Grain research yields results
SORGHUM yield has long been king for growers and now research is investigating how a range of management options from early sowing to plant population and row spacing impact on productivity across diverse northern growing environments.
This trial work is part of a Grains Research and Development Corporation investment into tactical sorghum agronomy.
The GRDC has more than $7.5 million worth of investments into sorghum spread across six primary projects.
Summer grains agronomist Trevor Philp, from Pacific Seeds, said improving yield underpinned his research, but ensuring crop reliability in increasingly variable environmental conditions was a focus.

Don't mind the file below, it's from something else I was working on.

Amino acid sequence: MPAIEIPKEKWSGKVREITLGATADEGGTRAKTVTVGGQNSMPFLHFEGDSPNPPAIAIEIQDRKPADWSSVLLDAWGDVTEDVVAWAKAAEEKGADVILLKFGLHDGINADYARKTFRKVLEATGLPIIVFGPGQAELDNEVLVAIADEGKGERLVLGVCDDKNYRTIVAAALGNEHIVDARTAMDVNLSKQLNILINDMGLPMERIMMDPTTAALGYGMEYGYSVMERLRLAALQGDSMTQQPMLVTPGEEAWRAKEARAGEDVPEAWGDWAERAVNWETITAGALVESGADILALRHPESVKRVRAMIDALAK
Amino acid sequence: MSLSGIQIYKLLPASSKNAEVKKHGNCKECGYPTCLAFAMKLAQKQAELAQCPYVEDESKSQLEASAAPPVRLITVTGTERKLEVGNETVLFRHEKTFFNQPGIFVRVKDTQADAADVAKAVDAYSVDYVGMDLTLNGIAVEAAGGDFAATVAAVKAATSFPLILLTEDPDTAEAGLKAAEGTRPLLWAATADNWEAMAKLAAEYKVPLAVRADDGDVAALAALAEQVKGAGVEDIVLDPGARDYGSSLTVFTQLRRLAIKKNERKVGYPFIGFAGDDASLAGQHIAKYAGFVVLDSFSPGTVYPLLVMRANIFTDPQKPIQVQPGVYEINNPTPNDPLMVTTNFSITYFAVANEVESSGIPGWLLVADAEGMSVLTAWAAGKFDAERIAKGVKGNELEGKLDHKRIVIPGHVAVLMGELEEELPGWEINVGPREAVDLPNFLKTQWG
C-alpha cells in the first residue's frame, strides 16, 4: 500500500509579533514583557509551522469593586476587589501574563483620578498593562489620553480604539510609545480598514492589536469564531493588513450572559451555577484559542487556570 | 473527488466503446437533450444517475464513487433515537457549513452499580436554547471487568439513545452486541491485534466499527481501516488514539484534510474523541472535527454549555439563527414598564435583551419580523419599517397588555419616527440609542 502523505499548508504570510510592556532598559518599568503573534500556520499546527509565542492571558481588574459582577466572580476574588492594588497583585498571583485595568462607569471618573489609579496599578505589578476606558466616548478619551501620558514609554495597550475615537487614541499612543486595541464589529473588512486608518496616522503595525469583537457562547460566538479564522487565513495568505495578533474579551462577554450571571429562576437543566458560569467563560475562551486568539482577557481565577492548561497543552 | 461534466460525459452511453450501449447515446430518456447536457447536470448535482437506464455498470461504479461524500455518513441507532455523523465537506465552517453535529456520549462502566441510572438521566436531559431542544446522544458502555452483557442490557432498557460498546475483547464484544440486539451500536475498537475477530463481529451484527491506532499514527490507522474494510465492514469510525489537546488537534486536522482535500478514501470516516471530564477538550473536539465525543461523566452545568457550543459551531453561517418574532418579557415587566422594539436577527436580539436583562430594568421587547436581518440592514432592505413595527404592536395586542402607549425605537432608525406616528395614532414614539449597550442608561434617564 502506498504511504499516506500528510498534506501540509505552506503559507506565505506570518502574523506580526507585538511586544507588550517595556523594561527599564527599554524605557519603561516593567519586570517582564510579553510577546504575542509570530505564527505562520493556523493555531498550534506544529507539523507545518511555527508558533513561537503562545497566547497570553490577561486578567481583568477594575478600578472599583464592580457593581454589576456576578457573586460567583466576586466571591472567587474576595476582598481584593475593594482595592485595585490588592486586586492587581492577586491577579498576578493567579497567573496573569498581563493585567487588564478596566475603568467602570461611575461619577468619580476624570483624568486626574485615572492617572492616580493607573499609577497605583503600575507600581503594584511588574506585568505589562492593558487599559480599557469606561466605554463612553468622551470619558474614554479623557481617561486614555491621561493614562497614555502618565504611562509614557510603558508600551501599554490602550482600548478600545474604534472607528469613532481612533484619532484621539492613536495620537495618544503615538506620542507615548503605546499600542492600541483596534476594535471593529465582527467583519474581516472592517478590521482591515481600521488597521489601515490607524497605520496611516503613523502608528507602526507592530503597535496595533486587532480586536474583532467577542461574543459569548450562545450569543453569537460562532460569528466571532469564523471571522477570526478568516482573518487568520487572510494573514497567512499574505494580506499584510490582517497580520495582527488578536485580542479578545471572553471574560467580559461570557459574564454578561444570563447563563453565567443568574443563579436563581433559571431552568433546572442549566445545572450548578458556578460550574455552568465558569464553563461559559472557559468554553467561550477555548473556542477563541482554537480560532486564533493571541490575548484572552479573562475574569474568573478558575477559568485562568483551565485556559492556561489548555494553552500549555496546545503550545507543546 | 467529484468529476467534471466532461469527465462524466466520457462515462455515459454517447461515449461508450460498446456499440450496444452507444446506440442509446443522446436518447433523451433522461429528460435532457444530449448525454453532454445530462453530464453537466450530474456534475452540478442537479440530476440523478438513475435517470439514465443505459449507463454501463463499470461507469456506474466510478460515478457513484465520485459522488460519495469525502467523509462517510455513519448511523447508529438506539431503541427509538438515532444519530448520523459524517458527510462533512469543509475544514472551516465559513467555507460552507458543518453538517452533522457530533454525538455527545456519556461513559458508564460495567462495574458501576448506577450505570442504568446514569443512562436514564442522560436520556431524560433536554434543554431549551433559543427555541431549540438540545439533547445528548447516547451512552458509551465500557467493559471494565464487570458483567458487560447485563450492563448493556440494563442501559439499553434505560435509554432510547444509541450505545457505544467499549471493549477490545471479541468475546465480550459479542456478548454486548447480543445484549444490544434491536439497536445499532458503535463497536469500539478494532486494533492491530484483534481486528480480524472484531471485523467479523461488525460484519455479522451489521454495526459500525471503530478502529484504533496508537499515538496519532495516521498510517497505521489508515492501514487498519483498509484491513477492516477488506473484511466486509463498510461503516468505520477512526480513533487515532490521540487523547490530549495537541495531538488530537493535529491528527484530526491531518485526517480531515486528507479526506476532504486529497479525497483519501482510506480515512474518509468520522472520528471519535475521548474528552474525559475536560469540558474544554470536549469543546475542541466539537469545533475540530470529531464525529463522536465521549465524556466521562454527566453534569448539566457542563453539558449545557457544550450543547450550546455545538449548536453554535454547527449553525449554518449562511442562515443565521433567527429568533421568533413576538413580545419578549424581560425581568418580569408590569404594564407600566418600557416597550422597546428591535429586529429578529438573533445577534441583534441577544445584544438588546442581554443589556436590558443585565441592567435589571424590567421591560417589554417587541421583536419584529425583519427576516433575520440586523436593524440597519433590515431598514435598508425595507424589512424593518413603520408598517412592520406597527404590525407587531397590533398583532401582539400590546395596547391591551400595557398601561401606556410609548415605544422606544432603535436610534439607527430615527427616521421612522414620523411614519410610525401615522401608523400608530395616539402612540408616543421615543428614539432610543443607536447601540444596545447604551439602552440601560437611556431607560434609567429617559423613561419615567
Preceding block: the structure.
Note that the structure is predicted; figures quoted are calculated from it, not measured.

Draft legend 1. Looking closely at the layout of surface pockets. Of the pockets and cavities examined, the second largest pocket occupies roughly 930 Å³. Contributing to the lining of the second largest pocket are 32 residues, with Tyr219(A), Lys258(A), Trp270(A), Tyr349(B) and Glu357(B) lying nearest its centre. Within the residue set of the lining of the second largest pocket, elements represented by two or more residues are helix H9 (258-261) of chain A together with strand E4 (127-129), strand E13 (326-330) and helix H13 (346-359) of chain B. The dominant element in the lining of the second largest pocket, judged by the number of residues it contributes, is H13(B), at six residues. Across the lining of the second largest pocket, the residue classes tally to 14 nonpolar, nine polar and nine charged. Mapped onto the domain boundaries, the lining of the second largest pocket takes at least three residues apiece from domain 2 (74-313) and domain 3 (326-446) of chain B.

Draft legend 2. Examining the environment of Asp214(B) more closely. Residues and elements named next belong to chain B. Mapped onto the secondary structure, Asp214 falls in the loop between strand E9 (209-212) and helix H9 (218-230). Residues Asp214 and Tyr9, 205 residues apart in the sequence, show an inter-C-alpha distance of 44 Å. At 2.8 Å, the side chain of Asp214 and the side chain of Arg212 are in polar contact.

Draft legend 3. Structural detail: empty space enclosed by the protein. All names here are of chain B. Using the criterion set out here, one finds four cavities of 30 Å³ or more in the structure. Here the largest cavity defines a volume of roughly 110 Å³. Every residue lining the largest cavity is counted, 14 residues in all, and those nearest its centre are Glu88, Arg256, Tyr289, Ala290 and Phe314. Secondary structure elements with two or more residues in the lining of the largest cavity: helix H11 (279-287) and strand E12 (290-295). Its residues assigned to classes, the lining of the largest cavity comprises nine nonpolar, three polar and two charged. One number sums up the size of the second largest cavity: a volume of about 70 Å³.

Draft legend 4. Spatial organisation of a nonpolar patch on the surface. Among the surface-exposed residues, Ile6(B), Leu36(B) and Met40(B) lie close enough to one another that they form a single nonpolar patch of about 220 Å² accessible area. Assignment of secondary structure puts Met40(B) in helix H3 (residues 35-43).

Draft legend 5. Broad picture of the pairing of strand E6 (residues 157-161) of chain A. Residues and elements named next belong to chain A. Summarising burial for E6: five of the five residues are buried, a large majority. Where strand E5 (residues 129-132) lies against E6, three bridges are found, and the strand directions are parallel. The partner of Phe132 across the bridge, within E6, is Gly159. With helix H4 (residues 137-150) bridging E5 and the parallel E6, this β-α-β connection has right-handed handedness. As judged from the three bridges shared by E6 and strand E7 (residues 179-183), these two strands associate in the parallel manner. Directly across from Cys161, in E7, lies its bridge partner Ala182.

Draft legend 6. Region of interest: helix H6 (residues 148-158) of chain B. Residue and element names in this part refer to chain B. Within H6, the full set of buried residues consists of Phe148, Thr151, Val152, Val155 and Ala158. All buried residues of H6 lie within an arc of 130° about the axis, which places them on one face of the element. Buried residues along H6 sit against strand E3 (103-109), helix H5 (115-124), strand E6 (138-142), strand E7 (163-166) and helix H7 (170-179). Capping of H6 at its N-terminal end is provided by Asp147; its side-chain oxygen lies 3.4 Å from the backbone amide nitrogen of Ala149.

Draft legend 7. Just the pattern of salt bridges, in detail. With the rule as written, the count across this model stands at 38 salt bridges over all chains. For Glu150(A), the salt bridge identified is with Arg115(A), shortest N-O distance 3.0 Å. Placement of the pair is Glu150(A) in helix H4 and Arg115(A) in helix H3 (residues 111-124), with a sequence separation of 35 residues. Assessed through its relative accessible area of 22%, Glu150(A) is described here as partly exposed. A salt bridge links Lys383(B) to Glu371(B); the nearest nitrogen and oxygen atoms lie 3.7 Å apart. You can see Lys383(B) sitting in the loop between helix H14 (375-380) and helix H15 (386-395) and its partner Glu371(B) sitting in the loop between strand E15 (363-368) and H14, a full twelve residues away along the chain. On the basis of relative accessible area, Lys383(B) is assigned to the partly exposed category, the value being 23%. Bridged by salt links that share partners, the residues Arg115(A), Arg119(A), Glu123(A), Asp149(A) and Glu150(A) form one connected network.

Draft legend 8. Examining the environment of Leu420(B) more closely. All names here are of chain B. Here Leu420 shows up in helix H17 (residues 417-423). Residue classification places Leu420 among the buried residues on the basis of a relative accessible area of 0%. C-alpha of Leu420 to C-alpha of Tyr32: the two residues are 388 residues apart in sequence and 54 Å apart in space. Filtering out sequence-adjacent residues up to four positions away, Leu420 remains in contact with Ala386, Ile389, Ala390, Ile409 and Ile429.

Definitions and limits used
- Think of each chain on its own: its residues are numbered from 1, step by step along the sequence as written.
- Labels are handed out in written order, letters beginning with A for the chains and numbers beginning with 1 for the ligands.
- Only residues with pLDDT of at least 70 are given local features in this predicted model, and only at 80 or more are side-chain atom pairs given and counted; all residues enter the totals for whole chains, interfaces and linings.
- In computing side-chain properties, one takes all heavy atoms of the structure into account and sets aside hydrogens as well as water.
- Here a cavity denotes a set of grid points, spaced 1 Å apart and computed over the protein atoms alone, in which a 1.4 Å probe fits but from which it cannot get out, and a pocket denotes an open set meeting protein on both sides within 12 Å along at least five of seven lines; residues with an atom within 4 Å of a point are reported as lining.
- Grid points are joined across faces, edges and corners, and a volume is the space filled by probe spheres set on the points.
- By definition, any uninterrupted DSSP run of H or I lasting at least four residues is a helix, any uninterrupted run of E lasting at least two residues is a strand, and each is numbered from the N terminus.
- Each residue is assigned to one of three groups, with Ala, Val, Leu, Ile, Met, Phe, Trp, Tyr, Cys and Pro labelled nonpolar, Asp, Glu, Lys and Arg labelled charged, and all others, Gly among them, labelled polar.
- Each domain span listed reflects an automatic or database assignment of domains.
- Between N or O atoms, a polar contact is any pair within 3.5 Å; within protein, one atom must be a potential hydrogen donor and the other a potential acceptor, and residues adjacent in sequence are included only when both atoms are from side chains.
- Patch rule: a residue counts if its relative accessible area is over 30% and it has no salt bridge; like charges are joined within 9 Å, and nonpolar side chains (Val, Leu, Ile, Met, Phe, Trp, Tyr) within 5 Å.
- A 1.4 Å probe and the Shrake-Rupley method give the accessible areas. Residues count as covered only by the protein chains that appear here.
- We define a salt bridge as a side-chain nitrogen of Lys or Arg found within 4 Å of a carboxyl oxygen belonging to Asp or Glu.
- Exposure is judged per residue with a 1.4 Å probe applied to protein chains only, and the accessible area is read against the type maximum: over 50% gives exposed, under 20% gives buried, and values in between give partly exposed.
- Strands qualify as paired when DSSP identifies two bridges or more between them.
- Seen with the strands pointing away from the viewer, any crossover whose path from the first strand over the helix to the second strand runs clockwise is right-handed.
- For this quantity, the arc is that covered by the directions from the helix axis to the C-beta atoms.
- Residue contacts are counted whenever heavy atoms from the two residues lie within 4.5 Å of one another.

“Environmental conditions are challenging us now and are predicted to do so increasingly in the future, so we need to look at what we can do to maintain yield and this includes looking at issues, such as, stress tolerance and grain quality,” Mr Philp said.
His research is in its second year, comparing 100cm, 75cm and 50cm row spacings in terms of weed control, and fallow efficiency in the following crop as a result of increased stubble cover.
“It is early in this research and we’ve had some tough finishes to the season, but generally the crops looked fantastic all the way through to flowering,” he said.
“We saw no yield impacts from the different row spacings until we got to areas that historically get under three tonnes a hectare. In those marginal areas where growers would normally go with a wide row or a skip row, the 50cm row spacing performed poorly.”
The GRDC has extended the sorghum agronomy program for five years.